About six million years ago in Africa, due to the changing climate at the time, the ancestor of modern humans split from the linage that would eventually evolve into the chimpanzee. These human ancestors were unique in that they were bipedal, they walked primarily on two legs, and had increasingly larger brains for the size of their bodies. These early human ancestors include Homo habilis, the first to use tools, and Homo erectus, who spread out across the world about two million years ago. H. erectus used tools and fire and lived on Earth until only 140,000 years ago!

Anatomically modern humans, Homo sapiens, evolved from the same linage of these ancestors about 200,000 years ago. Humans quickly migrated out of Africa and colonized the world, reaching as far as islands in the middle of the Pacific Ocean some 50,000 years ago. Other species of the genus Homo, like the Neanderthals in Europe and Eurasia, went quickly extinct with the arrival of H. sapiens , likely because of modern human’s superior intelligence and communication abilities. Humans evolved to exploit their environment using their brains, and eventually, human brains started creating culture, science, art, agriculture, civilization, and all the rest.

Thanks again for the great question,

Answer 3:

Human evolution is the process by which modern humans (us) have come from our ancestor organisms through many years of adapting to our environments. To become Homo sapiens, our entire bodies have changed from the DNA-level up. Not only have our genes themselves changed, but how they turn into RNA (cellular messengers) and proteins (cellular machinery) has changed, too. It is a slow but fascinating process because as different as we look and behave from other animals such as chimpanzees, only about 1% of our genome (complete set of genes) is different from the genome of the chimpanzee! This small difference simultaneously showcases the essential components of life (the high percent similarity) AND the subtle cellular and organismal adaptations that go far beyond simple changes in DNA.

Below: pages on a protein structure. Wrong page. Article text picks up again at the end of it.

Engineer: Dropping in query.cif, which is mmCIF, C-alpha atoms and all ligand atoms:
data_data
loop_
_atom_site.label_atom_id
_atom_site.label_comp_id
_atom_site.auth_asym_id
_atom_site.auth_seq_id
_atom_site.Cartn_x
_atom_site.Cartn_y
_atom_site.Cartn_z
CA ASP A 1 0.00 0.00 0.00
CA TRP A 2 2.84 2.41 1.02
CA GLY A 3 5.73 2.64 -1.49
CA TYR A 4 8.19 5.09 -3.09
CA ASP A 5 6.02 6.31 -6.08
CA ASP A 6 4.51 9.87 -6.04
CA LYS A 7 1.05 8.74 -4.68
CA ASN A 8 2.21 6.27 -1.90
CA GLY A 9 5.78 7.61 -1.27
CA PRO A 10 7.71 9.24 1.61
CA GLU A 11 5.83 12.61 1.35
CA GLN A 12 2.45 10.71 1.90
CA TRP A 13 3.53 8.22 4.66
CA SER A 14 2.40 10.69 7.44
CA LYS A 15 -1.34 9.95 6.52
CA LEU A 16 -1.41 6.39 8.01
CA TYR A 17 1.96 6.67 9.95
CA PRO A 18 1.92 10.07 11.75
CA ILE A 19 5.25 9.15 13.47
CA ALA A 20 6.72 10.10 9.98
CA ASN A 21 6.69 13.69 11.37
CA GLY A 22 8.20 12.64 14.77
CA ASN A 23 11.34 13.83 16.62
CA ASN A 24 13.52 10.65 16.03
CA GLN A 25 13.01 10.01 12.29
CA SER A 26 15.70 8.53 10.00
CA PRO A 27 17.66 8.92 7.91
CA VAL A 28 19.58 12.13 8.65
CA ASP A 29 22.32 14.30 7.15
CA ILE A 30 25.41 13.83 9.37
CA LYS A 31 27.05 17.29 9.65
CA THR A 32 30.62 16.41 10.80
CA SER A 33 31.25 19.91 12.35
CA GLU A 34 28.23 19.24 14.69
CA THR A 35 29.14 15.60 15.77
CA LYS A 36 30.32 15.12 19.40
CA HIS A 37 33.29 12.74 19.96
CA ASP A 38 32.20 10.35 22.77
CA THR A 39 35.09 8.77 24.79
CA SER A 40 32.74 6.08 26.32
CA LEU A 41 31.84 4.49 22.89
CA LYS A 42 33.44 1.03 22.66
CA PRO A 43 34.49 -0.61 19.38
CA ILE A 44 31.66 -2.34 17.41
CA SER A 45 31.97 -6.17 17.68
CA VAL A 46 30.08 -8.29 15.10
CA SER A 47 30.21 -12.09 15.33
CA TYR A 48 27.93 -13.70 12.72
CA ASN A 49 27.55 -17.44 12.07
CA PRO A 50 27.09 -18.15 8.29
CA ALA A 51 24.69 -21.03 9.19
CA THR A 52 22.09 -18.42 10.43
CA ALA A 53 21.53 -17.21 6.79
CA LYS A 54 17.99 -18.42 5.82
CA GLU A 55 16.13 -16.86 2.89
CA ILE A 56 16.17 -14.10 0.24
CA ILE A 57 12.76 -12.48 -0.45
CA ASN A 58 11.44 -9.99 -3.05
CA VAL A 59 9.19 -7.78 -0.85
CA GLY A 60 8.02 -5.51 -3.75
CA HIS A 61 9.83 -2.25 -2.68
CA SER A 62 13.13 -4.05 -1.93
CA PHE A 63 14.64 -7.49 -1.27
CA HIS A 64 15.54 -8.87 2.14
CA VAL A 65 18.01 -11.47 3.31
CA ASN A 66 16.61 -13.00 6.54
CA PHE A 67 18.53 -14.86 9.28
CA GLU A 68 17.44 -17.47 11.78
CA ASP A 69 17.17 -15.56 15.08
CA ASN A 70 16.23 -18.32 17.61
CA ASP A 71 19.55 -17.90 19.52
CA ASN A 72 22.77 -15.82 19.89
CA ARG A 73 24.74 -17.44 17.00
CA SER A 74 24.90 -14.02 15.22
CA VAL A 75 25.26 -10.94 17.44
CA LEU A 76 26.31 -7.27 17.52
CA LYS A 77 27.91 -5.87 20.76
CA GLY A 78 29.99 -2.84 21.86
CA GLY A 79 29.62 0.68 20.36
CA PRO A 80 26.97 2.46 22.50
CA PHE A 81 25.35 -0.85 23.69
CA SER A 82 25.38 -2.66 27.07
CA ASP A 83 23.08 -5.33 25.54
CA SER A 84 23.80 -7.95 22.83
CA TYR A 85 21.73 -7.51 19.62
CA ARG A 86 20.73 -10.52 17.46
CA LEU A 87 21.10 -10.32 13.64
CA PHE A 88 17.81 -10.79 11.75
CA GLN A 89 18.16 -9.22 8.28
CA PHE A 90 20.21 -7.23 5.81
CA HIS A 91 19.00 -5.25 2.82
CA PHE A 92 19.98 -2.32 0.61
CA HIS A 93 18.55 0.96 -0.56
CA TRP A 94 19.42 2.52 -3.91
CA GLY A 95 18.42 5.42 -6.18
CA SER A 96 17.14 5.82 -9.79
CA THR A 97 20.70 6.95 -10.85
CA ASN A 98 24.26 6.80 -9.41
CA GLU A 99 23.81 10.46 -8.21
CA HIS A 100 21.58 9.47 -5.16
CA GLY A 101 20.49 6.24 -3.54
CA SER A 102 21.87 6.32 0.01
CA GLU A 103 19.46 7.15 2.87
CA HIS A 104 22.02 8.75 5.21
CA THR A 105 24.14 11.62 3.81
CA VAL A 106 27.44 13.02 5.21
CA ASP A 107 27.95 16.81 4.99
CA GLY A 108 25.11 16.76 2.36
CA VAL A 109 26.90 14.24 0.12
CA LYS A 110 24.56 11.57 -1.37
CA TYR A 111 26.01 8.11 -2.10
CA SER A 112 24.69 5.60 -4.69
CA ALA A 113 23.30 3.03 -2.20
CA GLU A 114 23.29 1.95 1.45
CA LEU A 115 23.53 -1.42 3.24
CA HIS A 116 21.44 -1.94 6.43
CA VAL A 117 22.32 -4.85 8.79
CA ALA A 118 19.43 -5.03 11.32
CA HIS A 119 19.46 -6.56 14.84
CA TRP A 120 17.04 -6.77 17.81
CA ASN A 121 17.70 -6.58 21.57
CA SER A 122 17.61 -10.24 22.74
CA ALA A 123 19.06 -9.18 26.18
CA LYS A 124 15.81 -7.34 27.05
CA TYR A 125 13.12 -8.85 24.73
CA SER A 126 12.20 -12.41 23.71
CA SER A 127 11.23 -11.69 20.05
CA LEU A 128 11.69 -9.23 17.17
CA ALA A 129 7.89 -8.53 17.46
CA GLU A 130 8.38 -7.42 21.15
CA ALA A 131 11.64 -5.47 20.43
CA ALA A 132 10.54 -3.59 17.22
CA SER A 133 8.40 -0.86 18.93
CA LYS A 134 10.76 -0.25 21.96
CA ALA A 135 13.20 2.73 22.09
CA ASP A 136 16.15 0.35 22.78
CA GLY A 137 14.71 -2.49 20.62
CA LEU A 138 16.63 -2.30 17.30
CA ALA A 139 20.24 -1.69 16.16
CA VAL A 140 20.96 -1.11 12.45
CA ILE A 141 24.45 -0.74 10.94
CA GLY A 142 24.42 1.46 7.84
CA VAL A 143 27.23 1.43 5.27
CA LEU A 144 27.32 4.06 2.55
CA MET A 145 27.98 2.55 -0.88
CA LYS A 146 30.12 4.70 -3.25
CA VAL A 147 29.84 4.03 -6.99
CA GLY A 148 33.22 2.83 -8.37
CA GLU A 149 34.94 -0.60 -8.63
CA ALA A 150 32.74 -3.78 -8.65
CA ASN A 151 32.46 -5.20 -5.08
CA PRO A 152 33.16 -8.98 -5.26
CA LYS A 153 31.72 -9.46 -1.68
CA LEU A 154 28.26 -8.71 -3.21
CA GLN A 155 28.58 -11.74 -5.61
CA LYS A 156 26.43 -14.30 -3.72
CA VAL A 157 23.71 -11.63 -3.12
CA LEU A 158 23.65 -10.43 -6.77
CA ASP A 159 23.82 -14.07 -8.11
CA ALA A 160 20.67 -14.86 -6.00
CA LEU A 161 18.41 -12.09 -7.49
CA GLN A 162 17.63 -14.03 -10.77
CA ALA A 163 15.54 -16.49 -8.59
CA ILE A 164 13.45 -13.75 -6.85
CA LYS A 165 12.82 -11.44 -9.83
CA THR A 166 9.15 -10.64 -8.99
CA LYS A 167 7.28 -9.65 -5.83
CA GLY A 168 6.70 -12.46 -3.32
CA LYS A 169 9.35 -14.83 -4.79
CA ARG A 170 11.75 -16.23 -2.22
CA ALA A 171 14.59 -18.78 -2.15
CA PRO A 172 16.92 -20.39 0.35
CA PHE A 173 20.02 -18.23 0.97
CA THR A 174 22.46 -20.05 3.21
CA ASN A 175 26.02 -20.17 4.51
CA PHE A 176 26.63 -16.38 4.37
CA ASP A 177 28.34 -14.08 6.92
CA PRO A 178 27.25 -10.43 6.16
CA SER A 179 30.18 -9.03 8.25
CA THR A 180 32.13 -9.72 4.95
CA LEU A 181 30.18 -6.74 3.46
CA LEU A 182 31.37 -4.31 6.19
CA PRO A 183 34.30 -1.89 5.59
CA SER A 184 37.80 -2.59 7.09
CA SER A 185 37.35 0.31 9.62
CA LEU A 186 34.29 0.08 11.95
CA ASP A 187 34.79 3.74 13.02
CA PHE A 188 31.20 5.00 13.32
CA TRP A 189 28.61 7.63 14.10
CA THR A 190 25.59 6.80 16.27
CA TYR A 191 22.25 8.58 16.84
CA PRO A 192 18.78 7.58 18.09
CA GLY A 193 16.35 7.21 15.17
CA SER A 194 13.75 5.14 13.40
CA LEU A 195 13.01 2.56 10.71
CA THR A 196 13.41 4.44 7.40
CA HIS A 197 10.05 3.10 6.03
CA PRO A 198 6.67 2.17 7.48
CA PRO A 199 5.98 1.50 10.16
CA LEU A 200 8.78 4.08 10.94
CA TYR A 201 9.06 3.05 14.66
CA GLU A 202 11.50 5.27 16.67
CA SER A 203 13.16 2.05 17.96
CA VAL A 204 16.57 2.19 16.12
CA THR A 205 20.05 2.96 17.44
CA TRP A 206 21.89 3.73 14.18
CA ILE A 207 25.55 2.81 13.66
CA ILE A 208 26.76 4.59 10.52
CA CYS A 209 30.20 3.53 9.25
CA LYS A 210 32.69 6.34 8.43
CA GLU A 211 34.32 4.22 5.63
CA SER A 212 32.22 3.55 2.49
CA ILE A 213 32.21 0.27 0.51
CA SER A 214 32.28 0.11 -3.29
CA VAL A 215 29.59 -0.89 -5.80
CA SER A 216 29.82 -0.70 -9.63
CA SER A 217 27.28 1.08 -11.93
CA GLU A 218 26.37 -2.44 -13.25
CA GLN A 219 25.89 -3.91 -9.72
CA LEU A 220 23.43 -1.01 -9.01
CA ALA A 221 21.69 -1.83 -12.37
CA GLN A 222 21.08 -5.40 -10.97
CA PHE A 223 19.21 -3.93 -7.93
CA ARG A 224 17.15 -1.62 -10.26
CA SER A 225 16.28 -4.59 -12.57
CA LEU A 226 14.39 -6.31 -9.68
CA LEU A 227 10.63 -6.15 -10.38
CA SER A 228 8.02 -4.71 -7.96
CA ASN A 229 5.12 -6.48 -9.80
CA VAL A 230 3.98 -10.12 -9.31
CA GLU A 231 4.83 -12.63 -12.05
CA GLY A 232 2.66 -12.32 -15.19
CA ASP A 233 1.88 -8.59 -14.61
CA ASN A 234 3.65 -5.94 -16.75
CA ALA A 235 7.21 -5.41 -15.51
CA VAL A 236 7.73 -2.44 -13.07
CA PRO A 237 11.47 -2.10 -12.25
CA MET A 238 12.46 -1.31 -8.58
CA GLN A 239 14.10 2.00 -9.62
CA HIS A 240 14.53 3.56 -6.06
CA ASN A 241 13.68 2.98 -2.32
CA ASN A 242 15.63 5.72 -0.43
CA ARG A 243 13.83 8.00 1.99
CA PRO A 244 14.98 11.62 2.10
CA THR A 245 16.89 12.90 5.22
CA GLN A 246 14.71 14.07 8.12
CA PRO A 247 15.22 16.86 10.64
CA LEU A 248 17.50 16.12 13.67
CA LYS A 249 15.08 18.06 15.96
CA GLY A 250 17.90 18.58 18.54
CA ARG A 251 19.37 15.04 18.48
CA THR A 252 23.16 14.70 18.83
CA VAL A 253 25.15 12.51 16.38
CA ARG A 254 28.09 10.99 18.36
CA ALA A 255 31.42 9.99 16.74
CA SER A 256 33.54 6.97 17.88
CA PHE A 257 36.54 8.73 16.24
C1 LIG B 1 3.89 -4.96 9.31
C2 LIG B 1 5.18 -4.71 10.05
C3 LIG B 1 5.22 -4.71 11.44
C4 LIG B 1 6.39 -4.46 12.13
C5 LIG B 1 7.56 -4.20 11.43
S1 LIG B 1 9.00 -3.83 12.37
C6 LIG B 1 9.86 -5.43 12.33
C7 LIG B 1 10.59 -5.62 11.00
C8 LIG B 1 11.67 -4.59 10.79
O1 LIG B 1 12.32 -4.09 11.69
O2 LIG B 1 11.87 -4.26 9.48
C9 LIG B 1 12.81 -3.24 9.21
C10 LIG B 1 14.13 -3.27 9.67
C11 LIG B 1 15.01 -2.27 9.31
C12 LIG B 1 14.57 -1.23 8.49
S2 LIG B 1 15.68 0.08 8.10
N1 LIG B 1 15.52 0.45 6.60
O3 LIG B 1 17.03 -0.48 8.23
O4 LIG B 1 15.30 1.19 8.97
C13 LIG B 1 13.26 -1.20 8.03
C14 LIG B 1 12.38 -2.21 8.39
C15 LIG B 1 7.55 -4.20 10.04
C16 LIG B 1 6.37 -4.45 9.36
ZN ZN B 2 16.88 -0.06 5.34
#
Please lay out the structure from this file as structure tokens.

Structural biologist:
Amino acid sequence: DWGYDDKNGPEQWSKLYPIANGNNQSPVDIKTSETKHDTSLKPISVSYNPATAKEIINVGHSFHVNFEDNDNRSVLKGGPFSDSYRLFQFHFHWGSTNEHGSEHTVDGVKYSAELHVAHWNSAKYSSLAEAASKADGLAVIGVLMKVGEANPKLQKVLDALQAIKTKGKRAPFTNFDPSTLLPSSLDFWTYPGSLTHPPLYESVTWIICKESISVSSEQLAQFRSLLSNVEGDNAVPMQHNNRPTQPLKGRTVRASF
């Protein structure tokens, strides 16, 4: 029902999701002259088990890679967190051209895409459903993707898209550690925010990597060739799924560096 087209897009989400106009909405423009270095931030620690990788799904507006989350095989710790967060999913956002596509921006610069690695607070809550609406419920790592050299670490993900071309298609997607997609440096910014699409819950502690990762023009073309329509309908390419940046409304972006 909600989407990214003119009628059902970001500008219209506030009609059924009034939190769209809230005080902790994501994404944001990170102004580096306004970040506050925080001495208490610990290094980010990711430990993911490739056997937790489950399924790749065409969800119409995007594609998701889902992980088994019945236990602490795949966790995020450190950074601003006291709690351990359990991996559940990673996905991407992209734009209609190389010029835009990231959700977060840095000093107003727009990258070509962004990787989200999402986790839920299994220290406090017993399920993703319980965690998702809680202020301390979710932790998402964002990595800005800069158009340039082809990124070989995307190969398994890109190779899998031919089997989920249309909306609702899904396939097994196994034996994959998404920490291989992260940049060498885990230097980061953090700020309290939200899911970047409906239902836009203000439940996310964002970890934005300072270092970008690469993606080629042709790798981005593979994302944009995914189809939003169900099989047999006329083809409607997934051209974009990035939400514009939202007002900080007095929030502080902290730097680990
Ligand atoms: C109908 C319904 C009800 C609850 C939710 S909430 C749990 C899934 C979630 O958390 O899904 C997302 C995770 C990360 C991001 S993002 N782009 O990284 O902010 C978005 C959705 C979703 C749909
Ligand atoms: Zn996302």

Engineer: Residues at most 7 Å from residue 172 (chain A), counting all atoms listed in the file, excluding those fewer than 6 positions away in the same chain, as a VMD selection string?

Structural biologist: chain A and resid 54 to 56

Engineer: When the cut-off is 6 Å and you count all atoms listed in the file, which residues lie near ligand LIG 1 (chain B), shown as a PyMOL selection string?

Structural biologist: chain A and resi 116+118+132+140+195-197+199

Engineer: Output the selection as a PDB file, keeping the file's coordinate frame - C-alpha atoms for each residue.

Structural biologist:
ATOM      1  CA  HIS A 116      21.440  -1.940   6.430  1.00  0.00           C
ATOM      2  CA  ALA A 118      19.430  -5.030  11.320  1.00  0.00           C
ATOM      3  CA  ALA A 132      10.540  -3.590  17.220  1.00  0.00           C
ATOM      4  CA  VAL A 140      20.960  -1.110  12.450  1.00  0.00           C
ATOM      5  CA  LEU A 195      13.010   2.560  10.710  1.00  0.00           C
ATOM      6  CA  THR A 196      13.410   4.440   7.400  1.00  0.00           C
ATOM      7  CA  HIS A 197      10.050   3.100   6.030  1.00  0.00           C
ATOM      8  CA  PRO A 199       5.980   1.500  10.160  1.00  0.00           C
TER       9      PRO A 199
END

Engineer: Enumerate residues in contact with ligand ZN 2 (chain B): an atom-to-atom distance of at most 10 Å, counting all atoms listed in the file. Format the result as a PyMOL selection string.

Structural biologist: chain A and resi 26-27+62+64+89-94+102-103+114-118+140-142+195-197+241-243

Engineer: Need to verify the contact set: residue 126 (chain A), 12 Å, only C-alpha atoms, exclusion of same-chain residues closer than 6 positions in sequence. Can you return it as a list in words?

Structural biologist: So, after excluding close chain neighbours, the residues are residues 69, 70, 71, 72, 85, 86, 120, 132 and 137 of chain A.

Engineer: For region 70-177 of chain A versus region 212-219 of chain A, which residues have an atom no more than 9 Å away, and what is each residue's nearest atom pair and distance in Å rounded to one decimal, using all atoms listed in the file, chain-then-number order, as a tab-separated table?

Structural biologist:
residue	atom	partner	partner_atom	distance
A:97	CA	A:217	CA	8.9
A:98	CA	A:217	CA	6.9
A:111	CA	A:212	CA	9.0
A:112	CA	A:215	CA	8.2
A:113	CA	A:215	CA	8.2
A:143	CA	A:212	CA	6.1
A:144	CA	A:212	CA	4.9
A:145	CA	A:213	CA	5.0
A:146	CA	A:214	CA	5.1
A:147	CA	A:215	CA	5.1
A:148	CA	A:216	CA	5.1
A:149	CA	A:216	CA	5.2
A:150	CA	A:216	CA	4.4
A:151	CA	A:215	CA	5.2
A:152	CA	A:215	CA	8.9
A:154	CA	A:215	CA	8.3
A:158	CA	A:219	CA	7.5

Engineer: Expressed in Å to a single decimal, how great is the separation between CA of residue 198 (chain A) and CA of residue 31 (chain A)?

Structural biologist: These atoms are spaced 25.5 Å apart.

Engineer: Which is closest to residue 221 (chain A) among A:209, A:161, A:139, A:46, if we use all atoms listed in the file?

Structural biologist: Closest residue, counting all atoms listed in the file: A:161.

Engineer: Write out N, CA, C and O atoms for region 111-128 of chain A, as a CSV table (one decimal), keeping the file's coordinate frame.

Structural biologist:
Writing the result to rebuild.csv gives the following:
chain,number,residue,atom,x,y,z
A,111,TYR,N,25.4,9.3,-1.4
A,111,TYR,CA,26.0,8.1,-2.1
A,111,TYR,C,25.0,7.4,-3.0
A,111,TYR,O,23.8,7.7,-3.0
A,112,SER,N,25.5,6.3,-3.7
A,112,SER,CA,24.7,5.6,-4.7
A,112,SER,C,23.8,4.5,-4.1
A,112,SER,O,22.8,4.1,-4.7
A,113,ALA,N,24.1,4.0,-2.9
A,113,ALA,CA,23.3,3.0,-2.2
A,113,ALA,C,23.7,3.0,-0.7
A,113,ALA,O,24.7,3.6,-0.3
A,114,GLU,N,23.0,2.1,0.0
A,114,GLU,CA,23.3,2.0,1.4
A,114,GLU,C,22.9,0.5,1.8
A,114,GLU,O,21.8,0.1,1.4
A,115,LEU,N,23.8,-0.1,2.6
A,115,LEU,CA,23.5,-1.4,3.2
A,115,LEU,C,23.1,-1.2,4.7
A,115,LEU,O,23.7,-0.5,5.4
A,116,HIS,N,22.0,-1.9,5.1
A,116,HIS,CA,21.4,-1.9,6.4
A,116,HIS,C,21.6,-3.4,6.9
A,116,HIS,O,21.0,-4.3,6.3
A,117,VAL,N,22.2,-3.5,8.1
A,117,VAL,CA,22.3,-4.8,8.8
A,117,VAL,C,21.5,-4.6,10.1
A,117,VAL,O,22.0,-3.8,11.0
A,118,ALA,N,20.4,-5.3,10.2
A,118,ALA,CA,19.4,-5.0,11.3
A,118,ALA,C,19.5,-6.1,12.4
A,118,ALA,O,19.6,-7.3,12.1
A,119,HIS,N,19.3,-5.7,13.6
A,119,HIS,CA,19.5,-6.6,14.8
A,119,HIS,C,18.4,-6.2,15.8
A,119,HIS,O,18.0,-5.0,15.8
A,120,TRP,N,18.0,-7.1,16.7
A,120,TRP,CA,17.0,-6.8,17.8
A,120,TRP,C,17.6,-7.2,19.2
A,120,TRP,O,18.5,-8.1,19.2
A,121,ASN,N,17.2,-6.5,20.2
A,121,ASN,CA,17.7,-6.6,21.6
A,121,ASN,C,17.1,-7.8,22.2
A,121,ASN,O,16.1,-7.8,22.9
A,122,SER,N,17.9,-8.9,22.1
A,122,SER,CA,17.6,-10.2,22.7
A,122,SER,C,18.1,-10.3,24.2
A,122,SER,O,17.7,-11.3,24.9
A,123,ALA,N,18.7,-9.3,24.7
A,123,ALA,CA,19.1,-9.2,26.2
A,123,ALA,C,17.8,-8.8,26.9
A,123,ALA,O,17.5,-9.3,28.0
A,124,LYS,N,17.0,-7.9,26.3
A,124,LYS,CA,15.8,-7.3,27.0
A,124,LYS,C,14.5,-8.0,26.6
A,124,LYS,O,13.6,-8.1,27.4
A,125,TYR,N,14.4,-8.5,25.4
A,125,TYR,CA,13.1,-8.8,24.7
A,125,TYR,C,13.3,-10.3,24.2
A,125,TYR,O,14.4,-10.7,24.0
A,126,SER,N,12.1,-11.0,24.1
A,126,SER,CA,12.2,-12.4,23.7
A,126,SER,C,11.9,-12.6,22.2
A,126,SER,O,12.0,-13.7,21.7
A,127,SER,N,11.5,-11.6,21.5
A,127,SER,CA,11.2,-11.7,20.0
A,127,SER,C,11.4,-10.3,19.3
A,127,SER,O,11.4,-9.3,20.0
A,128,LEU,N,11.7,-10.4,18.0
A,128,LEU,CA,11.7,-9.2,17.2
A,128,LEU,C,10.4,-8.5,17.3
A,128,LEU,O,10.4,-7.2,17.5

The theory of evolution (with high volumes of compelling evidence) indicates that adapting to our environments in order to become the humans we now are required long periods of exposure to these environments, and many iterations of the selection processes in which the organisms that can most quickly begin to use their environments in the best ways live longer and produce offspring that then propagate. The organisms that do not adapt as quickly or readily eventually give way to the optimal organisms, and that is how we modern humans came to be. However, as supported as the theory is by evidence, many questions remain as to how exactly we became humans - scientists are actively studying all steps leading from simple single-cell organisms to humans.